Cystic Fibrosis Transmembrane Conductance Regulator (CFTR) Confers Glibenclamide Sensitivity to Outwardly Rectifying Chloride Channel (ORCC) in Hi-5 Insect Cells

Cystic Fibrosis Transmembrane Conductance Regulator (CFTR) Confers Glibenclamide Sensitivity to... Increasing evidence is now accumulating for the involvement of the cystic fibrosis transmembrane conductance regulator (CFTR) in the control of the outwardly rectifying chloride channel (ORCC). We have examined the sensitivity of ORCC to the sulfonylurea drug glibenclamide in Hi-5 (Trichoplusia ni) insect cells infected with recombinant baculovirus expressing either wild-type CFTR, ΔF508-CFTR or E. coliβ galactosidase cDNA and in control cells either infected with virus alone or uninfected. Iodide efflux and single channel patch-clamp experiments confirmed that forskolin and 1-methyl-3-isobutyl xanthine (IBMX) or 7-methyl-1,3 dipropyl xanthine (DPMX) activate CFTR channels (unitary conductance: 9.1 ± 1.6 pS) only in cells expressing CFTR. In contrast, we identified 4-acetamido-4′-isothiocyanatostilbene-2,2′-disulfonic acid (SITS)-sensitive ORCC in excised membrane patches in any of the cells studied, with similar conductance (22 ± 2.5 pS at −80 mV; 55 ± 4.1 pS at +80 mV) and properties. In the presence of 500 μm SITS, channel open probability (P o ) of ORCC was reversibly reduced to 0.05 ± 0.01 in CFTR-cells, to 0.07 ± 0.02 in non-CFTR expressing cells and to 0.05 ± 0.02 in ΔF508-cells. In Hi-5 cells that did not express CFTR, glibenclamide failed to inhibit ORCC activity even at high concentrations (100 μm), whereas 500 μm SITS reversibly inhibited ORCC. In contrast in cells expressing CFTR or ΔF508, glibenclamide dose dependently (IC50= 17 μm, Hill coefficient 1.2) and reversibly inhibited ORCC. Cytoplasmic application of 100 μm glibenclamide reversibly reduced P o from 0.88 ± 0.03 to 0.09 ± 0.02 (wash: P o = 0.85 ± 0.1) in CFTR cells and from 0.89 ± 0.05 to 0.08 ± 0.05 (wash: P o = 0.87 ± 0.1) in ΔF508 cells. In non-CFTR expressing cells, glibenclamide (100 μm) was without effect on P o (control: P o = 0.89 ± 0.09, glib.: P o = 0.86 ± 0.02; wash: P o = 0.87 ± 0.05). These data strongly suggest that the expression of CFTR confers glibenclamide sensitivity to the ORCC in Hi-5 cells. http://www.deepdyve.com/assets/images/DeepDyve-Logo-lg.png The Journal of Membrane Biology Springer Journals

Cystic Fibrosis Transmembrane Conductance Regulator (CFTR) Confers Glibenclamide Sensitivity to Outwardly Rectifying Chloride Channel (ORCC) in Hi-5 Insect Cells

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Publisher
Springer-Verlag
Copyright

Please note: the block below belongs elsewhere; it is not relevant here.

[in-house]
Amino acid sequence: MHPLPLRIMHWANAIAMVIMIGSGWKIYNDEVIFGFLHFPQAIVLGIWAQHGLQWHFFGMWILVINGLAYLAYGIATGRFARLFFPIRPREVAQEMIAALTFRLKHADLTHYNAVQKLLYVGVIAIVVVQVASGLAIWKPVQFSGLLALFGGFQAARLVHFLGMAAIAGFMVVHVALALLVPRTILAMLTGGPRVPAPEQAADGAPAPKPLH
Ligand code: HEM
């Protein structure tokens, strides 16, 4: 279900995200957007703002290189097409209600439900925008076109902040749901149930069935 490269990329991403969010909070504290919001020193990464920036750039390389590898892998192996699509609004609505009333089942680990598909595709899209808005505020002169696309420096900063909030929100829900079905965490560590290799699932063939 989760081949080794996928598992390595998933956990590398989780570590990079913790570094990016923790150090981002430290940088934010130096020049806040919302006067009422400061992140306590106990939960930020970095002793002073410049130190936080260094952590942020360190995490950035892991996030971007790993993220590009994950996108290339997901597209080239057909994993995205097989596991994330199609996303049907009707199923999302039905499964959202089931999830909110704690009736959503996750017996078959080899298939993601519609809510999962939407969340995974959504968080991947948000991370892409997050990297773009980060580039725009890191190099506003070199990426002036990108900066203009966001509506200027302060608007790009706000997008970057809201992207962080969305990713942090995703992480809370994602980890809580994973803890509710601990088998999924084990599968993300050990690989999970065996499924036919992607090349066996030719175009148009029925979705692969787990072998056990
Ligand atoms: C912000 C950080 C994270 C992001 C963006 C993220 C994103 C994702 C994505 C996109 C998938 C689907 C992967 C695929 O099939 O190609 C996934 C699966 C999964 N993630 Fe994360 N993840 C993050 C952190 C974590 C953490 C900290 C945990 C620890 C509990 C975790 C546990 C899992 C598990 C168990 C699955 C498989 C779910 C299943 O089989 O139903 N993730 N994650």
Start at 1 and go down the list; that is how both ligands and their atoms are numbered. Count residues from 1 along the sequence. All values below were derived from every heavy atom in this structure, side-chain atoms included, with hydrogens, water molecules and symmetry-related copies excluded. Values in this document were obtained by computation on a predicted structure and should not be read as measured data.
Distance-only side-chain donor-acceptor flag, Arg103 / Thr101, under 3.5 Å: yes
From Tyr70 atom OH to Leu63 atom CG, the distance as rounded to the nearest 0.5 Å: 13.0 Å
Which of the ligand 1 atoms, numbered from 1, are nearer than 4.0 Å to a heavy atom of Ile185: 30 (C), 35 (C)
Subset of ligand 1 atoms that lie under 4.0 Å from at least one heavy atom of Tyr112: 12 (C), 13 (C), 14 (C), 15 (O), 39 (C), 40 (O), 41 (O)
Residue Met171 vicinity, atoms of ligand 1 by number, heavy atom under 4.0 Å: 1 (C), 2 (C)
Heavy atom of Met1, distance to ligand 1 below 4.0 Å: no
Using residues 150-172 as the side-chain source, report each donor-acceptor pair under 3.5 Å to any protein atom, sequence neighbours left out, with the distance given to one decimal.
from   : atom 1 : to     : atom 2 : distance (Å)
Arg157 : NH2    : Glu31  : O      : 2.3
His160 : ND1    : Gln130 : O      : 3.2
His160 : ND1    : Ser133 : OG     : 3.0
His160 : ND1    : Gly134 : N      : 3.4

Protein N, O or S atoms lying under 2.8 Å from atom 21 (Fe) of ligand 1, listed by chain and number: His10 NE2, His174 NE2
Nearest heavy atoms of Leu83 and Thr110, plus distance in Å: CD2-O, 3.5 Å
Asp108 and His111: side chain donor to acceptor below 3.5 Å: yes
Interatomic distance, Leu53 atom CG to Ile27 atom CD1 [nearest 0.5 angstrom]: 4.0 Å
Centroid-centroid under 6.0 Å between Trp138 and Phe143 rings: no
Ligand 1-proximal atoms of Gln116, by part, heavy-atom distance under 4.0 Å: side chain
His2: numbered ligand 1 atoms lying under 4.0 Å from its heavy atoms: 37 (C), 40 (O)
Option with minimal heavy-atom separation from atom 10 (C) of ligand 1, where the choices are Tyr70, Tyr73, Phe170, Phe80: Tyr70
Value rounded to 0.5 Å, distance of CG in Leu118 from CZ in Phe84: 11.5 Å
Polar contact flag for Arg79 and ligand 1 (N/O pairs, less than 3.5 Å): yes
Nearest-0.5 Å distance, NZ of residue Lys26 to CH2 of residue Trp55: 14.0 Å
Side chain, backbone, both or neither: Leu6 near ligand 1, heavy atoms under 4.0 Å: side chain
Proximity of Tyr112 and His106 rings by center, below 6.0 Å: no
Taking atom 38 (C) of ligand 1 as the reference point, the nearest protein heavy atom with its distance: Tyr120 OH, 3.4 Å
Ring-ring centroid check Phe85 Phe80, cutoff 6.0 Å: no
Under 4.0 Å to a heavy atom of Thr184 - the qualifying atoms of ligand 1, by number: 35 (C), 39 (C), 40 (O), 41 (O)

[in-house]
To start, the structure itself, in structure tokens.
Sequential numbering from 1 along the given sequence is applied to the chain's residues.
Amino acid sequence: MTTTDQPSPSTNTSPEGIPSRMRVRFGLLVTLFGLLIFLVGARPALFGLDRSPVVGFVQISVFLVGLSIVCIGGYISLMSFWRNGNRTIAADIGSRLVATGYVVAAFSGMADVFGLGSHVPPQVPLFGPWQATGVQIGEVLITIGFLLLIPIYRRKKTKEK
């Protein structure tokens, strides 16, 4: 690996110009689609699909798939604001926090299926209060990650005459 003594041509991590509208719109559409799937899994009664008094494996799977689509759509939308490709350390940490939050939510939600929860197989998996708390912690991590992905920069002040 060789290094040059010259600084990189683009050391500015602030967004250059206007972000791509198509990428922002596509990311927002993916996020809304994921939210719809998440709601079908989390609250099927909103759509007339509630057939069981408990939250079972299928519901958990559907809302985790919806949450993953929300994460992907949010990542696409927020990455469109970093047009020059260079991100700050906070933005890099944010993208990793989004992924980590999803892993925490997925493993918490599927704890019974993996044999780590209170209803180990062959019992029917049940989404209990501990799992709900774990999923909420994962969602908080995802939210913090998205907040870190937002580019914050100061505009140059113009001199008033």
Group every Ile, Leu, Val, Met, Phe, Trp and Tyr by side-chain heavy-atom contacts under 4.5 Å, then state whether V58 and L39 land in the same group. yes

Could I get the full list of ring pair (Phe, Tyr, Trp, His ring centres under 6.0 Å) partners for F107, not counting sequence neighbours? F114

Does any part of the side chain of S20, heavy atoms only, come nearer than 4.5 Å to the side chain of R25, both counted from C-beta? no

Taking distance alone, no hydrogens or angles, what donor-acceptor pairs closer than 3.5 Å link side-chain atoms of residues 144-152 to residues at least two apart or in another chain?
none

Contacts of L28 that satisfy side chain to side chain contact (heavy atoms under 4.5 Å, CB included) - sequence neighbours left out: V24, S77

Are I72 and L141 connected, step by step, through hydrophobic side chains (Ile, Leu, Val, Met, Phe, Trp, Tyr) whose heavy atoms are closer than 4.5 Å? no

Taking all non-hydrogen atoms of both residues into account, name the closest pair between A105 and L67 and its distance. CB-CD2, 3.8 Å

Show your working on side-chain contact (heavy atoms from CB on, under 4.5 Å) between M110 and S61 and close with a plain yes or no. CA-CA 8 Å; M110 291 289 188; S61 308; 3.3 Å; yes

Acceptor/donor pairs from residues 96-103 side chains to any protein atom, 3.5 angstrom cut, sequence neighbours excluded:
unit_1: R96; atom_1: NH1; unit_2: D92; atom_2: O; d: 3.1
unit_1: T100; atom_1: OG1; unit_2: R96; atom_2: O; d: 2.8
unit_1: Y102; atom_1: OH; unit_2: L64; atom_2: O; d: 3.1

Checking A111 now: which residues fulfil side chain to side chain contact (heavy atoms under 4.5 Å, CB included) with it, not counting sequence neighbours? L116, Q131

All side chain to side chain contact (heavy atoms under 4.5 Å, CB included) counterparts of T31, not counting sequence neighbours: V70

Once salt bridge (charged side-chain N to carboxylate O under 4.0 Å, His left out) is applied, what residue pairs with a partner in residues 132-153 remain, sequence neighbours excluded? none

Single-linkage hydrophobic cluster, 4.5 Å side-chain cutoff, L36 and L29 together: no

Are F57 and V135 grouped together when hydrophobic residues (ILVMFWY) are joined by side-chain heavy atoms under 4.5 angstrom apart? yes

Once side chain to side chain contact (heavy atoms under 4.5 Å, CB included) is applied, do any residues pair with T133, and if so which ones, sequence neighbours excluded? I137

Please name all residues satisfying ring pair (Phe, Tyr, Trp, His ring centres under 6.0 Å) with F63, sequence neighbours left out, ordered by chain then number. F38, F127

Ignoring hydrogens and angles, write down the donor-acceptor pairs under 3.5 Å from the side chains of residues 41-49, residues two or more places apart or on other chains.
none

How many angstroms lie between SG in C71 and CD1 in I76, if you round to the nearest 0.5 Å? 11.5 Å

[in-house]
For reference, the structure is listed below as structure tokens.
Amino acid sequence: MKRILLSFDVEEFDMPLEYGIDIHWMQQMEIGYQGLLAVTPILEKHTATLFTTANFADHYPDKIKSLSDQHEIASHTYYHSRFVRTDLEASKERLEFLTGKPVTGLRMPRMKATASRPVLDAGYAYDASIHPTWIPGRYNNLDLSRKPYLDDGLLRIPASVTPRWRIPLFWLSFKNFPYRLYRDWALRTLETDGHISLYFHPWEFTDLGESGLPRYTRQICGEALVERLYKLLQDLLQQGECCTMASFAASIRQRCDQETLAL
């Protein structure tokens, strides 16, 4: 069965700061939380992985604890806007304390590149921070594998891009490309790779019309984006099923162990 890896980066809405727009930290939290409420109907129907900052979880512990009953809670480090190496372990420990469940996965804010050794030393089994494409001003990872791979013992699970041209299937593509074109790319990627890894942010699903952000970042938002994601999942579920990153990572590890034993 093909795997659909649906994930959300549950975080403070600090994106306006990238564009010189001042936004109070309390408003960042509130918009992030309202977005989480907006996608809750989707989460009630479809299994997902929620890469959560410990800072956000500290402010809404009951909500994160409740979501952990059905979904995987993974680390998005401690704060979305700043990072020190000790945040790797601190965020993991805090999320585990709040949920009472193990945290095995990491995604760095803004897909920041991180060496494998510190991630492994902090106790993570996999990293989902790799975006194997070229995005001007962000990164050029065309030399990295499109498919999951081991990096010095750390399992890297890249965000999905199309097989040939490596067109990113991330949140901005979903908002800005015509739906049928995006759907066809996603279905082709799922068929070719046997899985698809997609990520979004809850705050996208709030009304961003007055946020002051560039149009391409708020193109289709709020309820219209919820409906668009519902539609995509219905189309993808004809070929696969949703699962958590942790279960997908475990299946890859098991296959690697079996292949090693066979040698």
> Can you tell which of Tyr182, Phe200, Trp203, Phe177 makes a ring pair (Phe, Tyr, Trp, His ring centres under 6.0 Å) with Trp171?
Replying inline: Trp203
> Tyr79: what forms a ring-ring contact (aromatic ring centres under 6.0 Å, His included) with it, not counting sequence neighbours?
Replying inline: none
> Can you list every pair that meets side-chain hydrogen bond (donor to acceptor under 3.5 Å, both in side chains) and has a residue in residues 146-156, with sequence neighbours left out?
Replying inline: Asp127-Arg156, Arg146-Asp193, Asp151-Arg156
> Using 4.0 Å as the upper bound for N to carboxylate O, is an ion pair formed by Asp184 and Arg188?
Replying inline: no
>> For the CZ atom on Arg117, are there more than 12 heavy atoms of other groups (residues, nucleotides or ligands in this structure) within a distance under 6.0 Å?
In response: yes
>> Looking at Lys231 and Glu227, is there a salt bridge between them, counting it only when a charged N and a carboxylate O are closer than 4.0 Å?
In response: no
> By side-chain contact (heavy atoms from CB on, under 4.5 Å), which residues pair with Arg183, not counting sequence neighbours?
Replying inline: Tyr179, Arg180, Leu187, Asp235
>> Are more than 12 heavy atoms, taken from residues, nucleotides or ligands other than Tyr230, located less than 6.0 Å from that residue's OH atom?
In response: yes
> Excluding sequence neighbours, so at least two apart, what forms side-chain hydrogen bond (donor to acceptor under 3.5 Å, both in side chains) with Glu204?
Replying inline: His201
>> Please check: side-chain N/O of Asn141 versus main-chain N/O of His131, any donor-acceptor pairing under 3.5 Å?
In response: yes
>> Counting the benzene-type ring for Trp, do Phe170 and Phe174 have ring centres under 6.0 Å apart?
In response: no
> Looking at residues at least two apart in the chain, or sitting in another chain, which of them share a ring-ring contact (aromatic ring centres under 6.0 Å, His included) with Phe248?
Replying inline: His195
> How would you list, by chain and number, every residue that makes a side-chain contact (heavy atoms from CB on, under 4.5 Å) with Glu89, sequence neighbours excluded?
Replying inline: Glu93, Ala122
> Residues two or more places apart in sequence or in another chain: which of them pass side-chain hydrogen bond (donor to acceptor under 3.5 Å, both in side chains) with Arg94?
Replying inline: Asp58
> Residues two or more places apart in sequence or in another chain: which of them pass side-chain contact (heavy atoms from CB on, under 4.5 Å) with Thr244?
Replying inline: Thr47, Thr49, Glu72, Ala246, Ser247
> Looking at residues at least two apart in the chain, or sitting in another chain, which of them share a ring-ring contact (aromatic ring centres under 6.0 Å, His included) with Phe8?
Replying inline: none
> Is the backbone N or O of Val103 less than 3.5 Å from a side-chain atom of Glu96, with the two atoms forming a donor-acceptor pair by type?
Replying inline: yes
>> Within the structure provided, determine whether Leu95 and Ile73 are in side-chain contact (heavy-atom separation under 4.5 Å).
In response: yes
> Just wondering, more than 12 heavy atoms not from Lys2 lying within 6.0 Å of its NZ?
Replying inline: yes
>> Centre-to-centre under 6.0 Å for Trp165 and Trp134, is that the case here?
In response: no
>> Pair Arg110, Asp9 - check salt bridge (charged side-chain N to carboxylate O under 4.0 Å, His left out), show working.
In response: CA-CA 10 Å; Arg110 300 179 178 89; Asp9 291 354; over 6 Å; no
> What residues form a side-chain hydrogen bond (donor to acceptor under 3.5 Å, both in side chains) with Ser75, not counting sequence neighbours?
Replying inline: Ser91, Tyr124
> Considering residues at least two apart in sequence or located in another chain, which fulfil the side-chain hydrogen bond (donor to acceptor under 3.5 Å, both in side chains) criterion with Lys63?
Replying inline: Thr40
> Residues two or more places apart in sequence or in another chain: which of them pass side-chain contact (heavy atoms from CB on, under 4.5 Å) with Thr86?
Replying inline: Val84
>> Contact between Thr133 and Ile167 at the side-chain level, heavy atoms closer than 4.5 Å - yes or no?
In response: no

Copyright © Inc. by 1999 Springer-Verlag New York
Subject
Life Sciences; Biochemistry, general; Human Physiology
ISSN
0022-2631
eISSN
1432-1424
D.O.I.
10.1007/s002329900512
Publisher site
See Article on Publisher Site

Abstract

Increasing evidence is now accumulating for the involvement of the cystic fibrosis transmembrane conductance regulator (CFTR) in the control of the outwardly rectifying chloride channel (ORCC). We have examined the sensitivity of ORCC to the sulfonylurea drug glibenclamide in Hi-5 (Trichoplusia ni) insect cells infected with recombinant baculovirus expressing either wild-type CFTR, ΔF508-CFTR or E. coliβ galactosidase cDNA and in control cells either infected with virus alone or uninfected. Iodide efflux and single channel patch-clamp experiments confirmed that forskolin and 1-methyl-3-isobutyl xanthine (IBMX) or 7-methyl-1,3 dipropyl xanthine (DPMX) activate CFTR channels (unitary conductance: 9.1 ± 1.6 pS) only in cells expressing CFTR. In contrast, we identified 4-acetamido-4′-isothiocyanatostilbene-2,2′-disulfonic acid (SITS)-sensitive ORCC in excised membrane patches in any of the cells studied, with similar conductance (22 ± 2.5 pS at −80 mV; 55 ± 4.1 pS at +80 mV) and properties. In the presence of 500 μm SITS, channel open probability (P o ) of ORCC was reversibly reduced to 0.05 ± 0.01 in CFTR-cells, to 0.07 ± 0.02 in non-CFTR expressing cells and to 0.05 ± 0.02 in ΔF508-cells. In Hi-5 cells that did not express CFTR, glibenclamide failed to inhibit ORCC activity even at high concentrations (100 μm), whereas 500 μm SITS reversibly inhibited ORCC. In contrast in cells expressing CFTR or ΔF508, glibenclamide dose dependently (IC50= 17 μm, Hill coefficient 1.2) and reversibly inhibited ORCC. Cytoplasmic application of 100 μm glibenclamide reversibly reduced P o from 0.88 ± 0.03 to 0.09 ± 0.02 (wash: P o = 0.85 ± 0.1) in CFTR cells and from 0.89 ± 0.05 to 0.08 ± 0.05 (wash: P o = 0.87 ± 0.1) in ΔF508 cells. In non-CFTR expressing cells, glibenclamide (100 μm) was without effect on P o (control: P o = 0.89 ± 0.09, glib.: P o = 0.86 ± 0.02; wash: P o = 0.87 ± 0.05). These data strongly suggest that the expression of CFTR confers glibenclamide sensitivity to the ORCC in Hi-5 cells.

Journal

The Journal of Membrane BiologySpringer Journals

Published: Apr 1, 1999

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